This year’s April Fools Day came with a slew of political pranks, but not all of them were taken lightly. When Forbes contributor Len Burman yesterday published a blog post joking that Mitt Romney had dropped out of the presidential race, the news spread as if it were authentic on Twitter and Google News. A half-hour later, the Forbes editors took the post down — without explanation.

Republican presidential candidates former senator Rick Santorum of Pennsylvania and former governor Mitt Romney of Massachusetts. (Jae C. Hong/AP)

Better appreciated was Chicago Mayor Rahm Emanuel’s prank on reporters. In an e-mail, the mayor said that he was going to aggressively use the Freedom of Information Act (FOIA) to learn more about himself, ABC Local reports. Emanuel said he hoped his office would turn over “...e-mails, phone records, pictures, text messages, holiday cards, lunch receipts, discarded chewing gum...” It appears no reporter, sadly, fell for the mayor’s prank.

More of your morning links below:

Burma election

Aung San Suu Kyi claims victory in historic Burma election. The democracy champion defeated her opponent from the ruling party, marking the government’s most dramatic effort at reform in recent years. Burma’s military and its supporters, however, will still control a large part of parliament. (Washington Post)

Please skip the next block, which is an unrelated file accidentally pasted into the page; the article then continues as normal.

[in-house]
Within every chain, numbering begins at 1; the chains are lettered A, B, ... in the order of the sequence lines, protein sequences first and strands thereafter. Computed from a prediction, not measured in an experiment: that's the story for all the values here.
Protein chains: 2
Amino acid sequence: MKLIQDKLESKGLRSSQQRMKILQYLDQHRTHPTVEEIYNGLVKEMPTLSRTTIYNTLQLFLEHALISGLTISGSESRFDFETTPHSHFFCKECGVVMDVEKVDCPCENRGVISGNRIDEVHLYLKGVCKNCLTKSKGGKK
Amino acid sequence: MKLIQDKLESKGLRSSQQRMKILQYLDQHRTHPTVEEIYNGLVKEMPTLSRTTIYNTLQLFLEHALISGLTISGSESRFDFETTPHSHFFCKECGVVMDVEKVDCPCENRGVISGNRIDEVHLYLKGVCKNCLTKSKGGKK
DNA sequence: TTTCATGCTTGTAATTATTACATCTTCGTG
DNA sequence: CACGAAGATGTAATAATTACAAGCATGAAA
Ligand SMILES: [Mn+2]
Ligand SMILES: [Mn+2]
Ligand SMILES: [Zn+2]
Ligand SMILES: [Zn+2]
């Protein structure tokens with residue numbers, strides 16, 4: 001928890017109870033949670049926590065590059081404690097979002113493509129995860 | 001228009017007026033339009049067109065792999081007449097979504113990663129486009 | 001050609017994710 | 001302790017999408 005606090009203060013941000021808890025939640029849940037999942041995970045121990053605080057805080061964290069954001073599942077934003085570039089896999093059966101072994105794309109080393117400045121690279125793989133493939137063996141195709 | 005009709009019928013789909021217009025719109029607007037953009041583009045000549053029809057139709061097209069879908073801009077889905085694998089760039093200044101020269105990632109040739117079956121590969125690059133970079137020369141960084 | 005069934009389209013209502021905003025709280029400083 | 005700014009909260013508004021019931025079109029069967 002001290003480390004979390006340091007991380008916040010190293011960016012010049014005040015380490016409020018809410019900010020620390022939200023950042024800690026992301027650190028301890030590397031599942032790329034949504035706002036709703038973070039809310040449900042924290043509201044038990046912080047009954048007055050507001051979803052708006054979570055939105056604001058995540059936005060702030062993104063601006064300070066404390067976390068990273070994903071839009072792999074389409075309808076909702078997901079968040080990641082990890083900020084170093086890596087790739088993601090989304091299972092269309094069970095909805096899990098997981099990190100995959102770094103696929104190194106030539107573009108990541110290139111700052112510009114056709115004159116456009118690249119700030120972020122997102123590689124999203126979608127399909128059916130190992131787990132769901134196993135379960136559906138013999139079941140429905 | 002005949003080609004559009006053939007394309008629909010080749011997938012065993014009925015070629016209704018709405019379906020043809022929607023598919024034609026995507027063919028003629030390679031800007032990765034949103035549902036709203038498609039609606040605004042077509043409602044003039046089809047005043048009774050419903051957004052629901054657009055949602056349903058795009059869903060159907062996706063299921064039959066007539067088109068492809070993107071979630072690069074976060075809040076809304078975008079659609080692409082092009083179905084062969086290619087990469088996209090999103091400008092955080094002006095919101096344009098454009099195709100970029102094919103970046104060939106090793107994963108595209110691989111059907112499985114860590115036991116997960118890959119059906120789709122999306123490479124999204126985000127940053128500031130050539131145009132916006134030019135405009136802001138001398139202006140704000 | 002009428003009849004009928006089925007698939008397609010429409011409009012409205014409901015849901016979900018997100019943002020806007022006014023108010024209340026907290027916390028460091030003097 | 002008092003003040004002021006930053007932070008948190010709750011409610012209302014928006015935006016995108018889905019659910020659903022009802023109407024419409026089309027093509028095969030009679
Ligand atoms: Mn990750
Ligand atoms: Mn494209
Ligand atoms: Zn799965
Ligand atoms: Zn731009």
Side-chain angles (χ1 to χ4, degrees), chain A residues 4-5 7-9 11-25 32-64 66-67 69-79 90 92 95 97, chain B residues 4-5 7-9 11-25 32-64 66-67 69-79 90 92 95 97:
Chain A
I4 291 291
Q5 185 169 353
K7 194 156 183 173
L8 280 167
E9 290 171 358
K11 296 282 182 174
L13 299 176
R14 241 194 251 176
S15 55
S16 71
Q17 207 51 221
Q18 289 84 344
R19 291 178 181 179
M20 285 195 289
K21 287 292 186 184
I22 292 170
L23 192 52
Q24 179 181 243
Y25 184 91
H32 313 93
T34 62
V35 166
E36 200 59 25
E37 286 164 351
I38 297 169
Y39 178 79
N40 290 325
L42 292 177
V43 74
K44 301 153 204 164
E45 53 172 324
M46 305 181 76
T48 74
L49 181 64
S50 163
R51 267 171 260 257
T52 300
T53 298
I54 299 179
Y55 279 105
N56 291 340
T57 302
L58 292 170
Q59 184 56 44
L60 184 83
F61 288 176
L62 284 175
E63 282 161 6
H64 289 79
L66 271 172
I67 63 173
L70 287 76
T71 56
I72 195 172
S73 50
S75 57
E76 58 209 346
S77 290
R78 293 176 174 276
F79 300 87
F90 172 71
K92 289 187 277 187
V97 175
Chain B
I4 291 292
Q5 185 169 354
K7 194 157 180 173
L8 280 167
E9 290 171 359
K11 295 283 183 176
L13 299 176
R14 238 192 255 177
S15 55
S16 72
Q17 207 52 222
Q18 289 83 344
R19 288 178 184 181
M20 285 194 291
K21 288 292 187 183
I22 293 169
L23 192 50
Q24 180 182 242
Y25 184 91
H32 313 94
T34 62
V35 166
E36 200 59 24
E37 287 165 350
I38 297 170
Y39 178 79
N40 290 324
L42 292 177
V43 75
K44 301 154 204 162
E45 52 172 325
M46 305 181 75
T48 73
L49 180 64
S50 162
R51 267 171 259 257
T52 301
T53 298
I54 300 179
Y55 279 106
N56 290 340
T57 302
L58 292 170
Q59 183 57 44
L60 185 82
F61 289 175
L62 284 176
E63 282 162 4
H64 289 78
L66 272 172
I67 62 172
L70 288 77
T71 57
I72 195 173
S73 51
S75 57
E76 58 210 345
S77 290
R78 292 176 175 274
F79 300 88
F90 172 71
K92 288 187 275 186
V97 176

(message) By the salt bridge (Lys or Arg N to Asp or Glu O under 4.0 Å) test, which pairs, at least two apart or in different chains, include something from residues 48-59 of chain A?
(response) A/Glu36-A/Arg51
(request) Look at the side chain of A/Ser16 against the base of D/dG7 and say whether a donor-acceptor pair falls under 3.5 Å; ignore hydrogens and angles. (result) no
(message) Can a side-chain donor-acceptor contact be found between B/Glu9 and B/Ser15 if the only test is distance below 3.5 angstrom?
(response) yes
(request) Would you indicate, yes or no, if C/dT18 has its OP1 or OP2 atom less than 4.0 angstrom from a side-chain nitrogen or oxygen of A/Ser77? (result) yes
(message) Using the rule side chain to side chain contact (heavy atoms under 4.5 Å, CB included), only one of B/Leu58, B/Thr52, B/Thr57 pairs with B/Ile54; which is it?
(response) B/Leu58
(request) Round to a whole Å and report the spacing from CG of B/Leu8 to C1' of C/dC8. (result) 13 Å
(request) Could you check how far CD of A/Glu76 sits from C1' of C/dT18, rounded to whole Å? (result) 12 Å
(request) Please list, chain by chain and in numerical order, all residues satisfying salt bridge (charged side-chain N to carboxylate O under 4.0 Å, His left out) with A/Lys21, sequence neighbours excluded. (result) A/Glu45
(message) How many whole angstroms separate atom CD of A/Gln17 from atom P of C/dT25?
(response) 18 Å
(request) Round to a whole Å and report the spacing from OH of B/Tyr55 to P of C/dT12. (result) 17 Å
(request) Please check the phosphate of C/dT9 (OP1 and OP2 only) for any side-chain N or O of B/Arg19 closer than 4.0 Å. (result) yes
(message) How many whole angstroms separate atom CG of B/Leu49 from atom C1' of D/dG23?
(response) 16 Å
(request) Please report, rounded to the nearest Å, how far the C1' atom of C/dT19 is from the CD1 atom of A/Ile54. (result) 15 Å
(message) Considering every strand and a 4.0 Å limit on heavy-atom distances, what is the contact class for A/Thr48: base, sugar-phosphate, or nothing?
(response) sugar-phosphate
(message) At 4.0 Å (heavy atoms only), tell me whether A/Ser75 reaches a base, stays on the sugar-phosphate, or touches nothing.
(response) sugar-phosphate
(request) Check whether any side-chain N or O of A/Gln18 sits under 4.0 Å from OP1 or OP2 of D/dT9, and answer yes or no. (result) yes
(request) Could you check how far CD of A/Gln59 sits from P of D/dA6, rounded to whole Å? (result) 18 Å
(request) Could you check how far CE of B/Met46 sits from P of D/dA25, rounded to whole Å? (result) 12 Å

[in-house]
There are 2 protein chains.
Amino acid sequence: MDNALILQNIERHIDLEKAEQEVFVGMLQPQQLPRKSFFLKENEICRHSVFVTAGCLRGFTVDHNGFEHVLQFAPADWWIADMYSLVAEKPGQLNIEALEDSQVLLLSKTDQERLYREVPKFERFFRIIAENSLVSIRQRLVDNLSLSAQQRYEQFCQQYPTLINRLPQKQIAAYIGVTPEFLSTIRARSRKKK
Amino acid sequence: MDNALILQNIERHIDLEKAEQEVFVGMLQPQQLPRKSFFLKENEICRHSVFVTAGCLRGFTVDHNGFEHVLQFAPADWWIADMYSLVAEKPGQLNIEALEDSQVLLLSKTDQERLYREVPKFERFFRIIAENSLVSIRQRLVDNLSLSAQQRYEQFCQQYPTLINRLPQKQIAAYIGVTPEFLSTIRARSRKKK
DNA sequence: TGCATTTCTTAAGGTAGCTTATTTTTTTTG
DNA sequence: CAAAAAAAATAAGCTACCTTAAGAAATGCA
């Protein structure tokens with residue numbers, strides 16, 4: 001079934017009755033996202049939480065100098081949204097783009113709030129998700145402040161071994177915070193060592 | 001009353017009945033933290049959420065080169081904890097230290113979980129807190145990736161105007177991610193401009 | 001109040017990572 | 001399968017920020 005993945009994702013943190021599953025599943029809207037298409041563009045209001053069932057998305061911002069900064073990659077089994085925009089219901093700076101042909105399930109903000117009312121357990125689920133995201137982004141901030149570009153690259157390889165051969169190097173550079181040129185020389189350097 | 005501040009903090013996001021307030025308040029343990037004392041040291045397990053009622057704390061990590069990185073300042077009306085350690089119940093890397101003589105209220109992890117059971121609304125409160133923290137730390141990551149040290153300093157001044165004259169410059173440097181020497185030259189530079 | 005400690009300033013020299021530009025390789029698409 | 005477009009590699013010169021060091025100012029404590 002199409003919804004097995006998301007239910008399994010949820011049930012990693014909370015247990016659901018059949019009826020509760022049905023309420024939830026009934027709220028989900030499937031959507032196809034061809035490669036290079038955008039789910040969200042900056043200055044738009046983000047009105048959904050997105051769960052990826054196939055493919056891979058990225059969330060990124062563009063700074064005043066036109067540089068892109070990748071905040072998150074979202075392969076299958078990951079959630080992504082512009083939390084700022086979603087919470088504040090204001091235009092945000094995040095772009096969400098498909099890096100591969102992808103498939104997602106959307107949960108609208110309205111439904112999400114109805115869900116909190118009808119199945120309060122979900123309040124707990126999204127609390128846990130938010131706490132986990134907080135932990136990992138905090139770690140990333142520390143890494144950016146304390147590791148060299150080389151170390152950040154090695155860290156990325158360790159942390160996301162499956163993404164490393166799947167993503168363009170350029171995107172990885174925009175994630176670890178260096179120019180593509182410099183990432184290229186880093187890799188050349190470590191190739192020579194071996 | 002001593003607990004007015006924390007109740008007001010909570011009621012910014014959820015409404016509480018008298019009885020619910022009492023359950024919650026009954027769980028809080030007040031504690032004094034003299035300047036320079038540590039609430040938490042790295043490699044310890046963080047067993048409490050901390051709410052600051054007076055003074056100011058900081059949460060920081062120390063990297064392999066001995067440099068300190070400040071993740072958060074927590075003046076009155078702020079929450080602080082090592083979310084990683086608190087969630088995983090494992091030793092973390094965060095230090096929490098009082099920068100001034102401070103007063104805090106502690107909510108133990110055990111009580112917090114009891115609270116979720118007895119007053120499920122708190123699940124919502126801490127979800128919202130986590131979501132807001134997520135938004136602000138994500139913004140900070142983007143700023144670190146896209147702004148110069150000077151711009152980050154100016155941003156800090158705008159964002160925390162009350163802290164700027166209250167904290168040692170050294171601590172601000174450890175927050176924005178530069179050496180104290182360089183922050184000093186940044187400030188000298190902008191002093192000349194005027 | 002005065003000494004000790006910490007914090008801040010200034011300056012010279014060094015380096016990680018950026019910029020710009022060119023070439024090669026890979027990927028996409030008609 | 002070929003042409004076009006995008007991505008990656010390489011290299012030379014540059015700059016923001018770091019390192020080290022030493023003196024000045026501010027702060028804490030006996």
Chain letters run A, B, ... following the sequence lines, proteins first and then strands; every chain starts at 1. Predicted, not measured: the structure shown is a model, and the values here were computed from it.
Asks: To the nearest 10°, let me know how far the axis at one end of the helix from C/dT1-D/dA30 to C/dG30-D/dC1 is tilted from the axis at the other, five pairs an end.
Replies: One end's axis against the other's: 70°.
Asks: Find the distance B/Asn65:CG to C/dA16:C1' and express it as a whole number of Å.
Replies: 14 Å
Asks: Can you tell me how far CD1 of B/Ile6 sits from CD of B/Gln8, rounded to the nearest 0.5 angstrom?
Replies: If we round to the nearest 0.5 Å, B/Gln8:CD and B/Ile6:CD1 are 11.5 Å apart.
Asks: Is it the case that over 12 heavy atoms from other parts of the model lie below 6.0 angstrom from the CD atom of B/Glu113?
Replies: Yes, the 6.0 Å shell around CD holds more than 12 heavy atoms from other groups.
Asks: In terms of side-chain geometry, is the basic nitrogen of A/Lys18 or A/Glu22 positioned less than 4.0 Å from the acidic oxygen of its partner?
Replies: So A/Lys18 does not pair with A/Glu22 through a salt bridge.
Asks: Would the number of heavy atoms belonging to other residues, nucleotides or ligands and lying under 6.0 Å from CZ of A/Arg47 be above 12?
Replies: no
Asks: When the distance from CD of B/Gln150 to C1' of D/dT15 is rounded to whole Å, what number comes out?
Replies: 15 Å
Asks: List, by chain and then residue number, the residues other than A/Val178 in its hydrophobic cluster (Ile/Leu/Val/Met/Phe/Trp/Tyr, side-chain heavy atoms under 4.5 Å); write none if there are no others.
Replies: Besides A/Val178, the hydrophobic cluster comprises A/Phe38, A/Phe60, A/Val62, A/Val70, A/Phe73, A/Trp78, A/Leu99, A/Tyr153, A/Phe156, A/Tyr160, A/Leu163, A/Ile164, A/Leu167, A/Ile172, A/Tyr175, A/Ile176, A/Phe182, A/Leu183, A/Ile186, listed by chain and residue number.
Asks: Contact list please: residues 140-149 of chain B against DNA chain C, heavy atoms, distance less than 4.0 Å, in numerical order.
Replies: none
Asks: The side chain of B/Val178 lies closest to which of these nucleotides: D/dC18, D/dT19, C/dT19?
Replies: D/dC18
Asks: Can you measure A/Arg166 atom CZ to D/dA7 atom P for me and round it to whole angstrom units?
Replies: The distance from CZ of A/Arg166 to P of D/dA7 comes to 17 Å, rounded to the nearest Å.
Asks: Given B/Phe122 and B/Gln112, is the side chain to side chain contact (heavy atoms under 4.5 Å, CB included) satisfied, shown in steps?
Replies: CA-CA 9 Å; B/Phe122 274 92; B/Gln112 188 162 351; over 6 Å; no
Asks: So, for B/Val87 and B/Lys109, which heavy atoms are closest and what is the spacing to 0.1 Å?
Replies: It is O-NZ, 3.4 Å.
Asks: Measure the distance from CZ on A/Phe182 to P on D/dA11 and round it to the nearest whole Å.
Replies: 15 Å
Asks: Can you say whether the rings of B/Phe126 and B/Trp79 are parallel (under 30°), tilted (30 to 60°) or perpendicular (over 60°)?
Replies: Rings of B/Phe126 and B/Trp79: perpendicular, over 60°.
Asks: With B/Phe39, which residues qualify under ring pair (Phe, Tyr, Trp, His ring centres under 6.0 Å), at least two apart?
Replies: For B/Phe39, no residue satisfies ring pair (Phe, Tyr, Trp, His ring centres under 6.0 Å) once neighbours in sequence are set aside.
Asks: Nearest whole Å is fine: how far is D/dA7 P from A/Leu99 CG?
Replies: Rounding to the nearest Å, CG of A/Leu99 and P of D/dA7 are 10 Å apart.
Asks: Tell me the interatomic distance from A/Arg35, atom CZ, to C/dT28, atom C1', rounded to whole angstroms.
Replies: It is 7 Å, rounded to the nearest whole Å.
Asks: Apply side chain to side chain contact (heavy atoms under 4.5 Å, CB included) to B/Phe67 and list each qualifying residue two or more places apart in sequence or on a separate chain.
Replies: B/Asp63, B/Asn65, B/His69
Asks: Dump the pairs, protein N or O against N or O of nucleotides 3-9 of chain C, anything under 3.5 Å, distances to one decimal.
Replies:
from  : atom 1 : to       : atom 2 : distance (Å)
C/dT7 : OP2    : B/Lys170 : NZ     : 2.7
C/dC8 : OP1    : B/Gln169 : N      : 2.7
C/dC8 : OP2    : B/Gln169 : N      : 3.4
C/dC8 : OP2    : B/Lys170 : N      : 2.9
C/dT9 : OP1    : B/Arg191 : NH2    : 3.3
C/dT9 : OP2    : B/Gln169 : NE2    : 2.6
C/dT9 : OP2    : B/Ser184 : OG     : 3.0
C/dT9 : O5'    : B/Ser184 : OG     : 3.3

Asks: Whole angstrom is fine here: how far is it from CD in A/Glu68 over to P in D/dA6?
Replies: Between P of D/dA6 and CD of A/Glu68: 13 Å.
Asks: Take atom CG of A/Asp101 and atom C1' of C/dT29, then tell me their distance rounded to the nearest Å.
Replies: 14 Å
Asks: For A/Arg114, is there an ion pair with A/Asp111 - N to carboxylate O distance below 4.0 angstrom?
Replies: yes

Jubilant celebrations took place outside the headquarters of Suu Kyi’s National League for Democracy party after the election results were announced. (Guardian)

Siberia plane crash

Russian plane crash in Siberia kills 31 of the 43 people onboard. The plane crashed shortly after take off. The cause of the crash is not yet known. (Washington Post)

Trayvon Martin

Martin’s parents seeking a federal review of Florida prosecutor. The family wants the Justice Department to look into possible interference by State’s Attorney Norm Wolfinger’s office with police. Trayvon Martin, an unarmed black teenager, was shot by neighborhood watch volunteer George Zimmerman in late February. (CNN)

Sanford in the eye of a racial firestorm. Five weeks after the death of Martin, Sanford, Fla., “finds its name being mentioned with Selma and Birmingham on a civil rights list held  sacred in black American culture,” the New York Times reports. Protesters once again filled the streets of Sanford this weekend to protest Martin’s death. (New York Times)